Teaching phonics - the basics

Make the purpose of phonics lessons explicit

Everyone learns more effectively when they understand how the learning will be useful and can link the learning activity they have been set with wider, more general experiences. This matters because children need to apply new knowledge many times before it moves from working memory to long-term memory and becomes effortless and automatic.

Sometimes links that seem obvious to practitioners are less obvious to children, who often ‘ring-fence’ knowledge and see it as only applicable to particular activities or situations. Thus, the links between phonics lessons, reading and writing need to be demonstrated and followed through to make the wider applications completely explicit. Children need to be shown how phonics is useful, and this must be integral to the teaching session, rather than an ‘afterthought’ at the end of the lesson or a separate lesson. It also means that children should be coached in using their knowledge during real-life writing and reading tasks, not just on games, worksheets and activities.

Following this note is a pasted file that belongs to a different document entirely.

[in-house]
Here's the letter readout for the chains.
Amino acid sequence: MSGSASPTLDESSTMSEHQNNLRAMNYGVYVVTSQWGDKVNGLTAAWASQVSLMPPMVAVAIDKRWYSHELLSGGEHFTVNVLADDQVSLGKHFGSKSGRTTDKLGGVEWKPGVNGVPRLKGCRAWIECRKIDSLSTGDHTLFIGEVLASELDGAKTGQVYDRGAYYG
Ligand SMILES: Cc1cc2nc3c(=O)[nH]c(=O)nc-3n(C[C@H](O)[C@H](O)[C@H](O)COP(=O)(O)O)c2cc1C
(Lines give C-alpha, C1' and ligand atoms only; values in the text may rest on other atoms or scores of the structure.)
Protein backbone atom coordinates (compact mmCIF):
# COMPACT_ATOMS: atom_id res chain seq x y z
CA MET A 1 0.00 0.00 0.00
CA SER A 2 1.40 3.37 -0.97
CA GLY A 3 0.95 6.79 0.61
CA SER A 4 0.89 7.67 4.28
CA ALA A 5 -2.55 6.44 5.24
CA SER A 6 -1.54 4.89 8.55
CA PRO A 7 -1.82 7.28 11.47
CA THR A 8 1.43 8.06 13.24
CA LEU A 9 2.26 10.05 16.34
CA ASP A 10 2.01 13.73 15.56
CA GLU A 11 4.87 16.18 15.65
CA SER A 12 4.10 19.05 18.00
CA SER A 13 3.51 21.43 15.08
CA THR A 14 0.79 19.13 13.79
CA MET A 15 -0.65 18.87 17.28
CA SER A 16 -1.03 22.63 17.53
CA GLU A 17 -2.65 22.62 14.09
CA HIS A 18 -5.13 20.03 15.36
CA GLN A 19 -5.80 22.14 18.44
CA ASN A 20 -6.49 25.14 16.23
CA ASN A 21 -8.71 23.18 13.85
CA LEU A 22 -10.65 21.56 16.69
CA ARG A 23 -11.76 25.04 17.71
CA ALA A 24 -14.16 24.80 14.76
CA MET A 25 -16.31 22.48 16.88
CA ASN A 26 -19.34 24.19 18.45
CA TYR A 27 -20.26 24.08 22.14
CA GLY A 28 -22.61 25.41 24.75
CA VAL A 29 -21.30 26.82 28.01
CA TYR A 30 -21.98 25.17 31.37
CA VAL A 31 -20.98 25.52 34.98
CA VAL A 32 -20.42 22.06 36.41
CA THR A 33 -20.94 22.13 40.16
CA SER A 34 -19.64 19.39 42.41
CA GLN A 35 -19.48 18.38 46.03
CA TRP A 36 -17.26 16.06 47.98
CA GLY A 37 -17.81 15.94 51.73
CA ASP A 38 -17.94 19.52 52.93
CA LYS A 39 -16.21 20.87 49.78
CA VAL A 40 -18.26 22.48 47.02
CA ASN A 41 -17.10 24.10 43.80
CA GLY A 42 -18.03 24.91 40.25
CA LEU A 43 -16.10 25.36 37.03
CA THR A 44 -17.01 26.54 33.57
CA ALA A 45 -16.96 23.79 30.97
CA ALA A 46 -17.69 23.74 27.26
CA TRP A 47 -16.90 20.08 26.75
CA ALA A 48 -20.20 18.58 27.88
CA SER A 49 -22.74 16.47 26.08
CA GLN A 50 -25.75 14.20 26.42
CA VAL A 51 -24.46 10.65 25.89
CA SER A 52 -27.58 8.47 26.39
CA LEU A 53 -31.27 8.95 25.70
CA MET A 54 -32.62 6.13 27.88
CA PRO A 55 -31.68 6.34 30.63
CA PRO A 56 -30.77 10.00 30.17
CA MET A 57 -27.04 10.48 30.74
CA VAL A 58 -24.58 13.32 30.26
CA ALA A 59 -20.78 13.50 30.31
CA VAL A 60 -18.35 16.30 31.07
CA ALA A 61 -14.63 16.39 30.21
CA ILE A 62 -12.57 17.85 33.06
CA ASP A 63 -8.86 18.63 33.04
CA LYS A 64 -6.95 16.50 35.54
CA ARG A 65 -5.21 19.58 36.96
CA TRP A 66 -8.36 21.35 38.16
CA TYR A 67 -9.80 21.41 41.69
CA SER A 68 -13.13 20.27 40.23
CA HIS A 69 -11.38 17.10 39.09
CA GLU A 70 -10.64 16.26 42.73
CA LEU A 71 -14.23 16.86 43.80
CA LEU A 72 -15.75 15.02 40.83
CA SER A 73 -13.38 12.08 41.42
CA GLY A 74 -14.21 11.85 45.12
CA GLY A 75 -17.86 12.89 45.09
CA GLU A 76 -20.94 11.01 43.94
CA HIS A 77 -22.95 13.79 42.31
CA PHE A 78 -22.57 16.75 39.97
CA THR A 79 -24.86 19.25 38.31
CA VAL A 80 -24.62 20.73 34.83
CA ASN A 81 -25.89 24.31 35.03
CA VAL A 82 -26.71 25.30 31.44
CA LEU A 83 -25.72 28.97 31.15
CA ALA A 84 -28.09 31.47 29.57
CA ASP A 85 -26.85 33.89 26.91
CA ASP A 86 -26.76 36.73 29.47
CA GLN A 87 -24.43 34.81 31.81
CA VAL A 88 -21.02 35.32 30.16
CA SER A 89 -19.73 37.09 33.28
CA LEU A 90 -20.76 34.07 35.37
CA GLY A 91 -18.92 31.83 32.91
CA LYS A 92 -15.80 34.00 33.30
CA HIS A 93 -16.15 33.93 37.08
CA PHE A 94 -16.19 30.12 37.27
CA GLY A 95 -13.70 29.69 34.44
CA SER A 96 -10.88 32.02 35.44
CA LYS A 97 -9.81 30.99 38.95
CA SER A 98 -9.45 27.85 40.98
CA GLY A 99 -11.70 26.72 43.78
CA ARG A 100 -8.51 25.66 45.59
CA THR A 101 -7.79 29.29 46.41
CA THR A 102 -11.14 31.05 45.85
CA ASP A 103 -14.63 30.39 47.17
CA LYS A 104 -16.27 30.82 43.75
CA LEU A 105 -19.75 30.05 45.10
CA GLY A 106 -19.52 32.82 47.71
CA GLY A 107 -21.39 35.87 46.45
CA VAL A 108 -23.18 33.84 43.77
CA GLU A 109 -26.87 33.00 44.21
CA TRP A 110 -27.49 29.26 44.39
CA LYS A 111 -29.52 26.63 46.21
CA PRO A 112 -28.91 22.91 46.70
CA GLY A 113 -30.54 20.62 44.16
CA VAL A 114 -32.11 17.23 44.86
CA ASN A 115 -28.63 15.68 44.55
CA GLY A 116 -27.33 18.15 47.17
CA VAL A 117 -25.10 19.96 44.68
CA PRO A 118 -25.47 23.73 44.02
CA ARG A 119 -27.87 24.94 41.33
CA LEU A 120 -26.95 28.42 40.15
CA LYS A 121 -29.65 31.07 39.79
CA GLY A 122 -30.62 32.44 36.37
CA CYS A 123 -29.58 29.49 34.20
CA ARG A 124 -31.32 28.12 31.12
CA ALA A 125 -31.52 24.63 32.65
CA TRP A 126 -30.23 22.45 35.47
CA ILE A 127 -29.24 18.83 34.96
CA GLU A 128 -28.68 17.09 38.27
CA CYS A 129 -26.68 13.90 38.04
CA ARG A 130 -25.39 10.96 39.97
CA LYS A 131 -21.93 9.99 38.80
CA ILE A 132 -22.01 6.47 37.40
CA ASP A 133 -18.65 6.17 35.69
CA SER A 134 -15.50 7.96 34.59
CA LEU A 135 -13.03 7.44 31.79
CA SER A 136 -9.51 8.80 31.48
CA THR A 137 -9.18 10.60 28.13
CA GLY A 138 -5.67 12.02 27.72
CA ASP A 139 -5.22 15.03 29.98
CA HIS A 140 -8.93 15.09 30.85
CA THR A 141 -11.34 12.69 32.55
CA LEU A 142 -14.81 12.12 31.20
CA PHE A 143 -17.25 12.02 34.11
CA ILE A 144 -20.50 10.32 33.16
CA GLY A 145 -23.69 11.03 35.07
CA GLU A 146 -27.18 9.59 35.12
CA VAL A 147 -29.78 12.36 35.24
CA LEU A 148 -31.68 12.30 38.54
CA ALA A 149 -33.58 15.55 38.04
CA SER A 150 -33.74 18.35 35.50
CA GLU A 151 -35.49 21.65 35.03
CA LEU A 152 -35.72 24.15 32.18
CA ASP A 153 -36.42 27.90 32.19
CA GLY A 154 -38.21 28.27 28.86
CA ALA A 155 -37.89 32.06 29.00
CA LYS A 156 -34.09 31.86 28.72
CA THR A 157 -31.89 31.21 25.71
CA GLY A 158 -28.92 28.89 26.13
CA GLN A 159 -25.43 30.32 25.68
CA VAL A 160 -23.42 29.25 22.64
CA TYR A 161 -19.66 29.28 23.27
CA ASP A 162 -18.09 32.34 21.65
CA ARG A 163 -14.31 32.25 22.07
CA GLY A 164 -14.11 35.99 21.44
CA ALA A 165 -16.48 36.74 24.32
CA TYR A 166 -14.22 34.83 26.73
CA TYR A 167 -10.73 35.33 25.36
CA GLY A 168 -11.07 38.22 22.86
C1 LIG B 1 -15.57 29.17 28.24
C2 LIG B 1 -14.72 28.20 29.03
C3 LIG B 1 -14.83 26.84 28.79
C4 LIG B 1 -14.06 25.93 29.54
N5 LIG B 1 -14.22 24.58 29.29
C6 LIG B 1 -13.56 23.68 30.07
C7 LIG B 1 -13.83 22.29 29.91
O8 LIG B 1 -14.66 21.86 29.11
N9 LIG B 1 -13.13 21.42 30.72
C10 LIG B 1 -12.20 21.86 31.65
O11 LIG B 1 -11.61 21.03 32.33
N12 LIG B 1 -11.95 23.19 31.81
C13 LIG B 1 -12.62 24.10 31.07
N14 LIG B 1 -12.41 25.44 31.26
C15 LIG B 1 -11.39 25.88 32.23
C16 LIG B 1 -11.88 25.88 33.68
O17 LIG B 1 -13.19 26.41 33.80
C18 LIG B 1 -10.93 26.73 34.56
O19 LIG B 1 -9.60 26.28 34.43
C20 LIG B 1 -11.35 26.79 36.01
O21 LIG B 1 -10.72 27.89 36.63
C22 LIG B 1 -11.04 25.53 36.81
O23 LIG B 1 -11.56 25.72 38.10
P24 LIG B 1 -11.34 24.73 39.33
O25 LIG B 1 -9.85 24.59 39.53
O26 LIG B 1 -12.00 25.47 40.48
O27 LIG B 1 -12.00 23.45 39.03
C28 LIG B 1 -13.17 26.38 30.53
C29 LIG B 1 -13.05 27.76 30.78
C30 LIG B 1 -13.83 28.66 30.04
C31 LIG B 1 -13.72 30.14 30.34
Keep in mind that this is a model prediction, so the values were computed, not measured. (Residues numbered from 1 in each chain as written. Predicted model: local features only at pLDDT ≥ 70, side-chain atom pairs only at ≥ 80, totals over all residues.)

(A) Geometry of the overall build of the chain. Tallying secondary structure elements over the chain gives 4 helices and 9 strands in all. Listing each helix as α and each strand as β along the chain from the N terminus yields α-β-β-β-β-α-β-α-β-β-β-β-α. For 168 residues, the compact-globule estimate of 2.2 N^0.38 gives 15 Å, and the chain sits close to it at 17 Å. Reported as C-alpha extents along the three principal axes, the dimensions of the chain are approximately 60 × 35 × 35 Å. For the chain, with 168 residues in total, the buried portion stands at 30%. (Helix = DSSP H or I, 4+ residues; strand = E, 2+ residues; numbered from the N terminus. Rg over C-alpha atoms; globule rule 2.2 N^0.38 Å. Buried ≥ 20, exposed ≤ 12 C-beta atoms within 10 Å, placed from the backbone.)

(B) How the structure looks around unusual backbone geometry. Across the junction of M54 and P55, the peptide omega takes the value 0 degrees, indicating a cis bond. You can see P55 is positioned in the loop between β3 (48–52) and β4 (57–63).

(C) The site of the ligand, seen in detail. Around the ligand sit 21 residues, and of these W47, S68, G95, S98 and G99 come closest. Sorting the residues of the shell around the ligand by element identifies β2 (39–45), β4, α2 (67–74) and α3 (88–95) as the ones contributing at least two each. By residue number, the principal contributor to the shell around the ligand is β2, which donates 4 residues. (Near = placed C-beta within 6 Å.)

It is always good practice to ask children to suggest when they will be able to use and apply what they have learnt: it helps to make the links explicit, encourages a disposition for seeing links and encourages children to take responsibility for, and notice opportunities for, their own learning. Incidental comments by adults are also a powerful influence on the learning ethos in class. Teachers and classroom assistants who point out and encourage children to apply their learning to new activities, and who notice and compliment children when they spontaneously make such links, help create this ethos.